Environment Waikato emergency management staff remain on alert as the Waipa and Waikato rivers continue to rise.
“The MetService expects up to another 120mm of rain to fall in the upper Waipa River catchment over the next 24 hours,” Environment Waikato emergency management officer Adam Munro said.
“The catchment is saturated, so any rain will run straight into the river system.
“However, at this stage the Lower Waikato Waipa River Flood Control Scheme is expected to cope with existing flows, and water coming through should be contained within stop banks.”
Environment Waikato is working with Mighty River Power to manage Waikato River flows and will be notifying district councils, farmers, land occupiers and other stakeholders as flood alarms are triggered.
So far, early level alarms have been triggered at a number of sites including Te Kuiti, Otorohanga, Whatawhata, Hamilton, Ngaruawahia, Huntly and Rangiriri.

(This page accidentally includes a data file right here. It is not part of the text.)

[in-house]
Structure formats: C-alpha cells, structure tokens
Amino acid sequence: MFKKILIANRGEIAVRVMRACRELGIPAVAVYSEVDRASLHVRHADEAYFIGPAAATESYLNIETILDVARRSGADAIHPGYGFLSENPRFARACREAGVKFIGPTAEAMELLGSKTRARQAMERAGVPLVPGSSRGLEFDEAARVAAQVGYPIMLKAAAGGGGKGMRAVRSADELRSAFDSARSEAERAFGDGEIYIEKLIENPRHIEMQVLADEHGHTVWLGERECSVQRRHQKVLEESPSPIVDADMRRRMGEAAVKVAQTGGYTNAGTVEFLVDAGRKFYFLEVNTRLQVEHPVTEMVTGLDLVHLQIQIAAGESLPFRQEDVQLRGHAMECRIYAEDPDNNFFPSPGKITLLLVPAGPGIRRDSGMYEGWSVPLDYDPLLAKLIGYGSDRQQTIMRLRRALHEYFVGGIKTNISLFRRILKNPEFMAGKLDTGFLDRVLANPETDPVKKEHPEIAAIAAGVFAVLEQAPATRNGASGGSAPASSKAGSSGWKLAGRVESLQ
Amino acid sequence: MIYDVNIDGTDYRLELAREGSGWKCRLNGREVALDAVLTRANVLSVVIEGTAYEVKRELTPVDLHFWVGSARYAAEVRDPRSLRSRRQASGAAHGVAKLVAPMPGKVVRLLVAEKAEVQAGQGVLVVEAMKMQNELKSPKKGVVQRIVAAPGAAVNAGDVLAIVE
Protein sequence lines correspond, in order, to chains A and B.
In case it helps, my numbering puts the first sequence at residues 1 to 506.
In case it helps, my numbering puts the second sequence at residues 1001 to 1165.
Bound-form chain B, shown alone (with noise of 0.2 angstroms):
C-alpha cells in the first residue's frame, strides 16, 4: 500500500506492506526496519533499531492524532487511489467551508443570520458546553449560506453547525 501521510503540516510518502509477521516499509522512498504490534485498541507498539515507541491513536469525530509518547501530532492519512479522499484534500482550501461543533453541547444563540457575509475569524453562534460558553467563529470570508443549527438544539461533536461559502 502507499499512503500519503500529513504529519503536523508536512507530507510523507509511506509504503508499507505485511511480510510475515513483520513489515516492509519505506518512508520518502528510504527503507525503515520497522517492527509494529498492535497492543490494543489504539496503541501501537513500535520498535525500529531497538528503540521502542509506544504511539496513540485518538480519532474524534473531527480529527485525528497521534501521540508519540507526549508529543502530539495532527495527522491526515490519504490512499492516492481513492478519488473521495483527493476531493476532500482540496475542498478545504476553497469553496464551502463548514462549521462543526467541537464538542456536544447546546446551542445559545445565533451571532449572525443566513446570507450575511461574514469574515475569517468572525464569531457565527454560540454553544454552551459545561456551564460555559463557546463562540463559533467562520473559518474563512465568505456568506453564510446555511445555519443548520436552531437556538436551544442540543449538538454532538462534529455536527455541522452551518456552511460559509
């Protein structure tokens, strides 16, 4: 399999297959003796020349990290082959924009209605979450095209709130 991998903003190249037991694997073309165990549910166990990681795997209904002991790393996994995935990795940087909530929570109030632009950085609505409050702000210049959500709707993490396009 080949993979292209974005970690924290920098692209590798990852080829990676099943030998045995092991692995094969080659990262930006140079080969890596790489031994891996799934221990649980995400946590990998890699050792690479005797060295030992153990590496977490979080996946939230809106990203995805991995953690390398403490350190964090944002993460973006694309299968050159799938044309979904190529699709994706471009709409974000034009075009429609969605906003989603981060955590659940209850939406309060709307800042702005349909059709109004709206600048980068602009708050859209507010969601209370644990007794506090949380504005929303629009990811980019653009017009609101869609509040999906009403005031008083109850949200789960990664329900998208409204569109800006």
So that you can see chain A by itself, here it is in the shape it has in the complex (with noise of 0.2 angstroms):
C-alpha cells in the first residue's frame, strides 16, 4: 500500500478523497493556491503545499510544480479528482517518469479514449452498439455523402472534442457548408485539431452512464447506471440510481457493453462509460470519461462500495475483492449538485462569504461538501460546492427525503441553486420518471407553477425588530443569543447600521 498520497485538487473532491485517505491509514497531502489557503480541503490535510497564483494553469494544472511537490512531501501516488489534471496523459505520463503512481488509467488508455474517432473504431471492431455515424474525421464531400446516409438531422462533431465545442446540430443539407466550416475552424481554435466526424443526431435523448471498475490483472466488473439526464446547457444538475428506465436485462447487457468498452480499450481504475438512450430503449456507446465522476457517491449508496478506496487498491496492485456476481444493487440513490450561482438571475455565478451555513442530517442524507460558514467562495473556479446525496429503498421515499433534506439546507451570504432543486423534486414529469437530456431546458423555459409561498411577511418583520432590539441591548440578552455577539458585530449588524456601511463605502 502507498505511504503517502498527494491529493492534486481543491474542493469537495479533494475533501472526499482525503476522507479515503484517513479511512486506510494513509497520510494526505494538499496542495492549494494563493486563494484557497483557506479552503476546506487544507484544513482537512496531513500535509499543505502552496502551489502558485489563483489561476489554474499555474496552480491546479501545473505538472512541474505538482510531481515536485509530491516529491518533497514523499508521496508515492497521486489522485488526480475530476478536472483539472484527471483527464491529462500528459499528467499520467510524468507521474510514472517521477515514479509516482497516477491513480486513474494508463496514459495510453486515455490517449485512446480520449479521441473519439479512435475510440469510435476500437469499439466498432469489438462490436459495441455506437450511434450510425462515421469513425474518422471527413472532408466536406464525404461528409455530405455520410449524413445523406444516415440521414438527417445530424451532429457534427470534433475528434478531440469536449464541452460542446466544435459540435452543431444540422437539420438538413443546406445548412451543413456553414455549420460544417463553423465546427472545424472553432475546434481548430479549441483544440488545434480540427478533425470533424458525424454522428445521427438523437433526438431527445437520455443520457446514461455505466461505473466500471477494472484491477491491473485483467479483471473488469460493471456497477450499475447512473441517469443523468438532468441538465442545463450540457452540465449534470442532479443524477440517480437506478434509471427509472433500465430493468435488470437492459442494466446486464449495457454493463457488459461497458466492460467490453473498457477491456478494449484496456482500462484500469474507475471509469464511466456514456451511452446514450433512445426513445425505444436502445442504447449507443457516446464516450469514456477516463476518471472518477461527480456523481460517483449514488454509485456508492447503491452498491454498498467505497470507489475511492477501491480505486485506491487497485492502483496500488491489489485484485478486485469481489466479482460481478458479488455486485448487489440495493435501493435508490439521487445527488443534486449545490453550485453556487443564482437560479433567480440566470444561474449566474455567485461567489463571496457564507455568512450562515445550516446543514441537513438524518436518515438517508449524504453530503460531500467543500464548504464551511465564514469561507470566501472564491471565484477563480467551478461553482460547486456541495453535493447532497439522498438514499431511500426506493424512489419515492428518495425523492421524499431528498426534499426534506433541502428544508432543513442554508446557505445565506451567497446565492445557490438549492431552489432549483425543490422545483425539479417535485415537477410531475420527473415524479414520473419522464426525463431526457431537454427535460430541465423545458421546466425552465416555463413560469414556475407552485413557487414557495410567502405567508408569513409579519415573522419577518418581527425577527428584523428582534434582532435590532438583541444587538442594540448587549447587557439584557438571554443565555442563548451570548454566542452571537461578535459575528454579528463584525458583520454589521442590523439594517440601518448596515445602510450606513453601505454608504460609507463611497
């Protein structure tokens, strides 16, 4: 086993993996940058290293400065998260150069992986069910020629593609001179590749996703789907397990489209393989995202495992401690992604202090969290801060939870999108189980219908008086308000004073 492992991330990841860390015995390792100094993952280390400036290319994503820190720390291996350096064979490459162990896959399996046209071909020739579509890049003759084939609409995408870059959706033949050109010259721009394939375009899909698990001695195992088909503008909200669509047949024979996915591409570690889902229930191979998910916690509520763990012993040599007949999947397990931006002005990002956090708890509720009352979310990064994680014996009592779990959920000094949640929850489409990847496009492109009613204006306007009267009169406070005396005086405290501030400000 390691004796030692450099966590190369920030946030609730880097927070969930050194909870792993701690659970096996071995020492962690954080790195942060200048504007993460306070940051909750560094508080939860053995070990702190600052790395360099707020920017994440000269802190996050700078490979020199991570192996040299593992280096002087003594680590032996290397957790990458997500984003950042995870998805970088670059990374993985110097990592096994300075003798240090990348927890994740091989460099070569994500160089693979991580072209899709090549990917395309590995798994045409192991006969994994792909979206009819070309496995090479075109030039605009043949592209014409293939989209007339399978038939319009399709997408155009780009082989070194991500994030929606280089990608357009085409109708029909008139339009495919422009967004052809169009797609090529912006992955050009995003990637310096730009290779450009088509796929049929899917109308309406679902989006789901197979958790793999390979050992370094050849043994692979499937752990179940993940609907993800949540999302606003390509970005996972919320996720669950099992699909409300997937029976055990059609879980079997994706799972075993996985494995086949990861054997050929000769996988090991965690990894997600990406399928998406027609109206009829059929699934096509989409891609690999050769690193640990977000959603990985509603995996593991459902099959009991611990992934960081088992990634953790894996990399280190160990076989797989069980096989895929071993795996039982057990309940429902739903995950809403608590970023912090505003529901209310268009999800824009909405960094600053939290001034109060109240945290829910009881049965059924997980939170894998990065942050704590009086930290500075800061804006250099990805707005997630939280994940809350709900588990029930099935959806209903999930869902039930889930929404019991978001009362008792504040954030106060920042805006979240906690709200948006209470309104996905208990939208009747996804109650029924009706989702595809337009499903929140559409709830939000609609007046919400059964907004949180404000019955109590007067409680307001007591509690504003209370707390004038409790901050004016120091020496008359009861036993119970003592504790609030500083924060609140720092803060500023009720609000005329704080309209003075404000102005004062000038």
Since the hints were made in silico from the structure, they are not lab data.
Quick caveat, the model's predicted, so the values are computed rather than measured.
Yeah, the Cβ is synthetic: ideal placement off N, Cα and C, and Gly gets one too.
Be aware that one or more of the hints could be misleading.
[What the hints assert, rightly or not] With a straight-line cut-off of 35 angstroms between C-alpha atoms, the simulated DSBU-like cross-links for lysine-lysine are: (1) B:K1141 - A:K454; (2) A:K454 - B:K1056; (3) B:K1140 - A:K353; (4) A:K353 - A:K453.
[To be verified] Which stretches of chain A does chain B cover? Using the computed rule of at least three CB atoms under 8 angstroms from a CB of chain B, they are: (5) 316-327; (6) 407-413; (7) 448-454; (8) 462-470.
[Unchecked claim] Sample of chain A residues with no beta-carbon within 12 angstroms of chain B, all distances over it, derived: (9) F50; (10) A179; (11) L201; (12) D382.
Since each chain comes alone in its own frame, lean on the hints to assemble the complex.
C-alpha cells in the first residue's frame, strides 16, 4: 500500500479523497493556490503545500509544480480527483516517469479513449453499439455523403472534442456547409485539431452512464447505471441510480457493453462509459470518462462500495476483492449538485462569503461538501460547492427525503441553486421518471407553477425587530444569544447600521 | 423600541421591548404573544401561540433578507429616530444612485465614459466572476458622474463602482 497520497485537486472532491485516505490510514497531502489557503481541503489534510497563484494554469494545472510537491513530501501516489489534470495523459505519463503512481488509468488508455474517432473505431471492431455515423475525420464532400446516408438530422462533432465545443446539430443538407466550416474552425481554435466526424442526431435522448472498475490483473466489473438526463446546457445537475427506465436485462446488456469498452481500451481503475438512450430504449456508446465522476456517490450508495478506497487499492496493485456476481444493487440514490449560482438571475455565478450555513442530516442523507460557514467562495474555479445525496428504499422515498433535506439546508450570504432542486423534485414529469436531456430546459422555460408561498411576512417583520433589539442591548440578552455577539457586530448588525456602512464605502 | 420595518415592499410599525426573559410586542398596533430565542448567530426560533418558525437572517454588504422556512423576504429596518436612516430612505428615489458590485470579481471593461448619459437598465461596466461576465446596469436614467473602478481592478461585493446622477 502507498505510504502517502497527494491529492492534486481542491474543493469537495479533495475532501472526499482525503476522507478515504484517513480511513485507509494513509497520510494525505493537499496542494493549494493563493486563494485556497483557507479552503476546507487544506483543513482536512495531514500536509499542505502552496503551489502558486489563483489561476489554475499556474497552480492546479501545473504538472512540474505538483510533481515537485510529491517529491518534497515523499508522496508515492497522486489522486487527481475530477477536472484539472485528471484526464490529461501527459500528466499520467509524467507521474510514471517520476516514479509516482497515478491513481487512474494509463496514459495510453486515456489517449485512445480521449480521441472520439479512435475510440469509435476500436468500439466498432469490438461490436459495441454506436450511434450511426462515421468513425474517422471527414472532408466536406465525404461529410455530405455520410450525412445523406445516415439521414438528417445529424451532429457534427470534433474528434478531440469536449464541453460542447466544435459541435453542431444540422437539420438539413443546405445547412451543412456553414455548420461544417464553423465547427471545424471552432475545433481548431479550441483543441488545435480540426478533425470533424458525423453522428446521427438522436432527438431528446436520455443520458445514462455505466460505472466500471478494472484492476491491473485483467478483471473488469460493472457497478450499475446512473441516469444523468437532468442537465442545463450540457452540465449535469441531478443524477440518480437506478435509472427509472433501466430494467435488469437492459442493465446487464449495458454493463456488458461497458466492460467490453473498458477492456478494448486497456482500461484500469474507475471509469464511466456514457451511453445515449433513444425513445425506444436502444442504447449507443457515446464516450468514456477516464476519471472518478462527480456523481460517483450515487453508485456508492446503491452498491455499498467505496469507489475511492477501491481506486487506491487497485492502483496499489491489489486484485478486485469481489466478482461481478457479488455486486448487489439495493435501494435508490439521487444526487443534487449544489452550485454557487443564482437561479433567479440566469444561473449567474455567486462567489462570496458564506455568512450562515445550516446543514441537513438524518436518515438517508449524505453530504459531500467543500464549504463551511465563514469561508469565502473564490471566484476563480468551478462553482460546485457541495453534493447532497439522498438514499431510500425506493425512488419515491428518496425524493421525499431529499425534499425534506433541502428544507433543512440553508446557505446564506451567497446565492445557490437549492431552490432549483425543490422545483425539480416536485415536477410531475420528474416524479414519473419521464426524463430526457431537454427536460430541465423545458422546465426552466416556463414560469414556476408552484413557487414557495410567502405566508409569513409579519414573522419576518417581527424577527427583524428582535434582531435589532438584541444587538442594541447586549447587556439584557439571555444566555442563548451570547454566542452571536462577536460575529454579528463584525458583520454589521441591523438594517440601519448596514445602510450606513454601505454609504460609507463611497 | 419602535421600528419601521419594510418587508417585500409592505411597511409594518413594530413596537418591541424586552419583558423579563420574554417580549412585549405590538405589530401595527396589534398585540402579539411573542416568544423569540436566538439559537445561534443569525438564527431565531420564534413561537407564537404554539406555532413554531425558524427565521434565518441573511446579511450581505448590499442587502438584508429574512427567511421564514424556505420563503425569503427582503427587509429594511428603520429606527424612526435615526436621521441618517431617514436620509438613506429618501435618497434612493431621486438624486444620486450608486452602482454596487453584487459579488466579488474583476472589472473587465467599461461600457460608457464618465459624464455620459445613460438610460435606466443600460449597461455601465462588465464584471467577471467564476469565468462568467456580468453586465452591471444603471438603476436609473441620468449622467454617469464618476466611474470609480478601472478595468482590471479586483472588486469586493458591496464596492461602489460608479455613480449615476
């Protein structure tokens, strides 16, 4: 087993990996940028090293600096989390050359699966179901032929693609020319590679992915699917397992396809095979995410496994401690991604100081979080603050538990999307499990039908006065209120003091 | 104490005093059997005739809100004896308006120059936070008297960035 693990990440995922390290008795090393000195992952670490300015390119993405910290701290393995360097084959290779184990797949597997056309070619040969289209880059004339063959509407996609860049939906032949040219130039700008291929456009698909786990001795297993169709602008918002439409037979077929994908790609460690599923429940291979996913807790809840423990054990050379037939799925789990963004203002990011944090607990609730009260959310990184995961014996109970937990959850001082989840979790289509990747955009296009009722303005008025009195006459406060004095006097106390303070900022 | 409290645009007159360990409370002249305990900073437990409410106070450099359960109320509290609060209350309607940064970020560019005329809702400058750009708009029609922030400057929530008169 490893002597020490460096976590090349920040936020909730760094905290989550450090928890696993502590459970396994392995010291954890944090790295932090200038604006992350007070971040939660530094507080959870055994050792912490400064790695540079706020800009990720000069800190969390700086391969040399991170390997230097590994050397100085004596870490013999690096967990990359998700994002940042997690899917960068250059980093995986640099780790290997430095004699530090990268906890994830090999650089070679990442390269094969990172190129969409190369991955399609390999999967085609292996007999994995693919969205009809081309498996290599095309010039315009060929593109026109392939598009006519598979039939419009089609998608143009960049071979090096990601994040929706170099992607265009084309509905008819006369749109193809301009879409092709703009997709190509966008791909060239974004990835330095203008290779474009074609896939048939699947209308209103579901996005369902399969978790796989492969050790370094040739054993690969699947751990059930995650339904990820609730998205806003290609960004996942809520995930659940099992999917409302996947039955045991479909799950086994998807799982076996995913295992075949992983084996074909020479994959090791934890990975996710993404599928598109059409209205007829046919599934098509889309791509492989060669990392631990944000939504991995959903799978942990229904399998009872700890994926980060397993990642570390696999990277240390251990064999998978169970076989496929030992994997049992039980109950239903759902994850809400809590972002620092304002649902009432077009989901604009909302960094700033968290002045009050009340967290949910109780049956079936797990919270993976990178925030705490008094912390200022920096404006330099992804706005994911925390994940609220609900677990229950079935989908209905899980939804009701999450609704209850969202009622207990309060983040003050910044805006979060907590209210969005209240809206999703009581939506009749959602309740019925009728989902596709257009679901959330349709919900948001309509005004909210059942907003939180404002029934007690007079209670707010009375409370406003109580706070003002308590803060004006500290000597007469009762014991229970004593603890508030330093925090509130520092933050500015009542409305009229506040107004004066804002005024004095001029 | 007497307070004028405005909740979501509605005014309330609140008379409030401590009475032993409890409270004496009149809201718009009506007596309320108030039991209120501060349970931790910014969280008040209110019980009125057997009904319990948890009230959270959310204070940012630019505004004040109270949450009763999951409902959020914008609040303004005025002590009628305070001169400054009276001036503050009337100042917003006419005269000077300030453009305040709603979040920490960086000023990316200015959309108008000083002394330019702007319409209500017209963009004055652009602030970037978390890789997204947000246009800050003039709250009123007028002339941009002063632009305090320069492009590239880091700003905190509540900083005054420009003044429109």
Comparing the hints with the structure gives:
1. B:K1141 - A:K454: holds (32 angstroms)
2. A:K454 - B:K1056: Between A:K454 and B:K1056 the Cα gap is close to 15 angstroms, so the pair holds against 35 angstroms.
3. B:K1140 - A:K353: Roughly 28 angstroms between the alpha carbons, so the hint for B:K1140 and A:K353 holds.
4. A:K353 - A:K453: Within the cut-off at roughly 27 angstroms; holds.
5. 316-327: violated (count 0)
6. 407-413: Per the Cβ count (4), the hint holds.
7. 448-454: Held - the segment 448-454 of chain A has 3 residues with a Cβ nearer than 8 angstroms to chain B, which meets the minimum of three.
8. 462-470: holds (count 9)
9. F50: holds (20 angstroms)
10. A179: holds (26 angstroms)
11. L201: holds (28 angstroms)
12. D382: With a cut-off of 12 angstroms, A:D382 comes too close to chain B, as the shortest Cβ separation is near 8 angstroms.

The Lower Waikato Waipa Flood Control Scheme, which is designed to cope with a one-in-100-year flood event, is performing well at present. Environment Waikato staff members are dealing with operational issues as they arise.
Environment Waikato technical staff are helping to assess how the Waikato River will respond to the rain and the council is liaising with the Waikato Civil Defence Emergency Management Group and other agencies as required.
Meanwhile, improving weather has provided some respite for the Coromandel and Hauraki areas, which bore the brunt of yesterday’s heavy rain.
Flows have peaked in the Kauaeranga and Tairua rivers in the Coromandel and the Ohinemuri at Karangahake.
Flood peaks are currently moving through the lower Waihou and Piako rivers on the Hauraki Plains.
“We will continue to monitor Coromandel and Hauraki catchments closely, given they are saturated and likely to respond quickly to any further rainfall,” Mr Munro said.